Mr O’Brien’s TY history class went to Richmond Barracks Museum in Inchicore on the 28th of March 2017. Richmond Barracks was built between 1810 to 1814 and it was originally used as a station for the British Regiments. The Barracks was originally 14 acres in size, now however only 3 buildings remain.
It was a very interesting day, were we learned about how Richmond Barracks was used after the Irish rebels had surrendered at the end of the 1916 Rising, and were all brought to the Barracks, before the leaders were handpicked, and marched up to Kilmainham Gaol for execution. Our tour guide, Aideen explained how the barracks was extremely overcrowded at the time and how 77 women from the rising were also held there in very cramped conditions. We were shown videos of witness letters of prisoners held captive there at the end of the rising, which really painted a clear picture of conditions in the barracks in 1916.
The barracks was officially handed over to the Free State army in 1922 when the British forces withdrew their troops from Ireland. The state then handed it over to Dublin Corporation in 1924, which used it for housing as there was a housing shortage at the time. Part of the barracks was also used as a school when it became St. Michaels CBS in the 1930s.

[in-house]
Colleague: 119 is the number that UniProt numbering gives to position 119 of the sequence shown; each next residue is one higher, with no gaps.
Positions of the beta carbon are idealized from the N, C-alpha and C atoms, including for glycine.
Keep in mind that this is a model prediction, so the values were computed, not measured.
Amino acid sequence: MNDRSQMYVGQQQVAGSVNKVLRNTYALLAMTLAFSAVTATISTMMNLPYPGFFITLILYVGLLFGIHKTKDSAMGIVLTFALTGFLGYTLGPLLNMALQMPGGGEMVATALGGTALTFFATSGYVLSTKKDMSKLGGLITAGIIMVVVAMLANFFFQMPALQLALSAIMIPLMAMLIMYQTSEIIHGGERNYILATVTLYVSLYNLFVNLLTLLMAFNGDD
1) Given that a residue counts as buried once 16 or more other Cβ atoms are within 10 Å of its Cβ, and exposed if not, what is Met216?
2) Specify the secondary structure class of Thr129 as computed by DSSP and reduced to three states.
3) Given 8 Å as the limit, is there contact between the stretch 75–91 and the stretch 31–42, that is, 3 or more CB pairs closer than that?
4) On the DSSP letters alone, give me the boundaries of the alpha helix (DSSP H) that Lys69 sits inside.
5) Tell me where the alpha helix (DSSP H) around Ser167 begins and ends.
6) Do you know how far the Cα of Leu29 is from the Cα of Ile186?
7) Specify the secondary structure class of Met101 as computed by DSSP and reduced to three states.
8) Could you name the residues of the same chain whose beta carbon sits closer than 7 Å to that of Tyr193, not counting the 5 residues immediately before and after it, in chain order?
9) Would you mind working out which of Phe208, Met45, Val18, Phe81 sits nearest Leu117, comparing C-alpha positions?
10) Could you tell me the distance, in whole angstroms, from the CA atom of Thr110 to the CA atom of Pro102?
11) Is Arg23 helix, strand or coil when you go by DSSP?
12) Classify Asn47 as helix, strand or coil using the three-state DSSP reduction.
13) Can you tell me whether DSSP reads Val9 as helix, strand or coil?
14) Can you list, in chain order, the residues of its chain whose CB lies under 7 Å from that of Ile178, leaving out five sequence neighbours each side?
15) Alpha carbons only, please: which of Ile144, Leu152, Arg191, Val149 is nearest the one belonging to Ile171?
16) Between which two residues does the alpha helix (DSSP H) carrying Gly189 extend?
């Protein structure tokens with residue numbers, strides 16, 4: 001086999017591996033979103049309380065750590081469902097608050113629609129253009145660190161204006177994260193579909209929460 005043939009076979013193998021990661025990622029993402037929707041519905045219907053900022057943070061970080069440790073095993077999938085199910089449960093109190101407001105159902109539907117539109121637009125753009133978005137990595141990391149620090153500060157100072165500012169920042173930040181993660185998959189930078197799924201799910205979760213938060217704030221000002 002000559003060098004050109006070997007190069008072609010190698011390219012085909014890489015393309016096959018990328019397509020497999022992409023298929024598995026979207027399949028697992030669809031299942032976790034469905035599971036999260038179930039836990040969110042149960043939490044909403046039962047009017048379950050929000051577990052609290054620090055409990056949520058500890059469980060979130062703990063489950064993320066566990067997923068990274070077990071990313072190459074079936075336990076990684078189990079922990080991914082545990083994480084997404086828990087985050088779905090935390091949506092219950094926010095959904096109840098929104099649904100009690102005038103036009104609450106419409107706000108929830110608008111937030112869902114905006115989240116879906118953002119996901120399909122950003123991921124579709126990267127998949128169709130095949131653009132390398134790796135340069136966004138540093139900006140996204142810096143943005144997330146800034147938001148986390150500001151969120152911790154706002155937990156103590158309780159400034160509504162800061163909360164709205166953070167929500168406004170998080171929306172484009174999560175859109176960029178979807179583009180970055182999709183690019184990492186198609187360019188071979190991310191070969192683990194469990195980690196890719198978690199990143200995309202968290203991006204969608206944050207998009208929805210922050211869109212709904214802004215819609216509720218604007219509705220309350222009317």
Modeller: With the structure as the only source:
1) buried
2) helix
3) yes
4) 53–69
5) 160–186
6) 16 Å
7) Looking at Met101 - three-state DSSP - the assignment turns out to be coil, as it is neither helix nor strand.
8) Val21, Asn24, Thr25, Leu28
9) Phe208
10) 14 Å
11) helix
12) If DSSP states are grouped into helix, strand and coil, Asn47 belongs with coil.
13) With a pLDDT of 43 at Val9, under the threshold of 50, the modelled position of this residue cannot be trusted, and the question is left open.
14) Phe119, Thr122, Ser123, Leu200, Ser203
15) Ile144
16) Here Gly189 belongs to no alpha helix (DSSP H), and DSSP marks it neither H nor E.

Leaving Richmond Barracks we made the short walk over to Goldenbridge Cemetery which was founded by Daniel O’Connell in 1828. This was so Catholics could have a Catholic funeral and burial. We looked at different graves here including the grave of W.T Cosgrave who was the first Taoiseach of The Irish Free State in 1922. The graveyard is currently getting renovated and will be reopened in May 2017. It was a great day and we really enjoyed it.
Eve Keegan & Niamh Gannon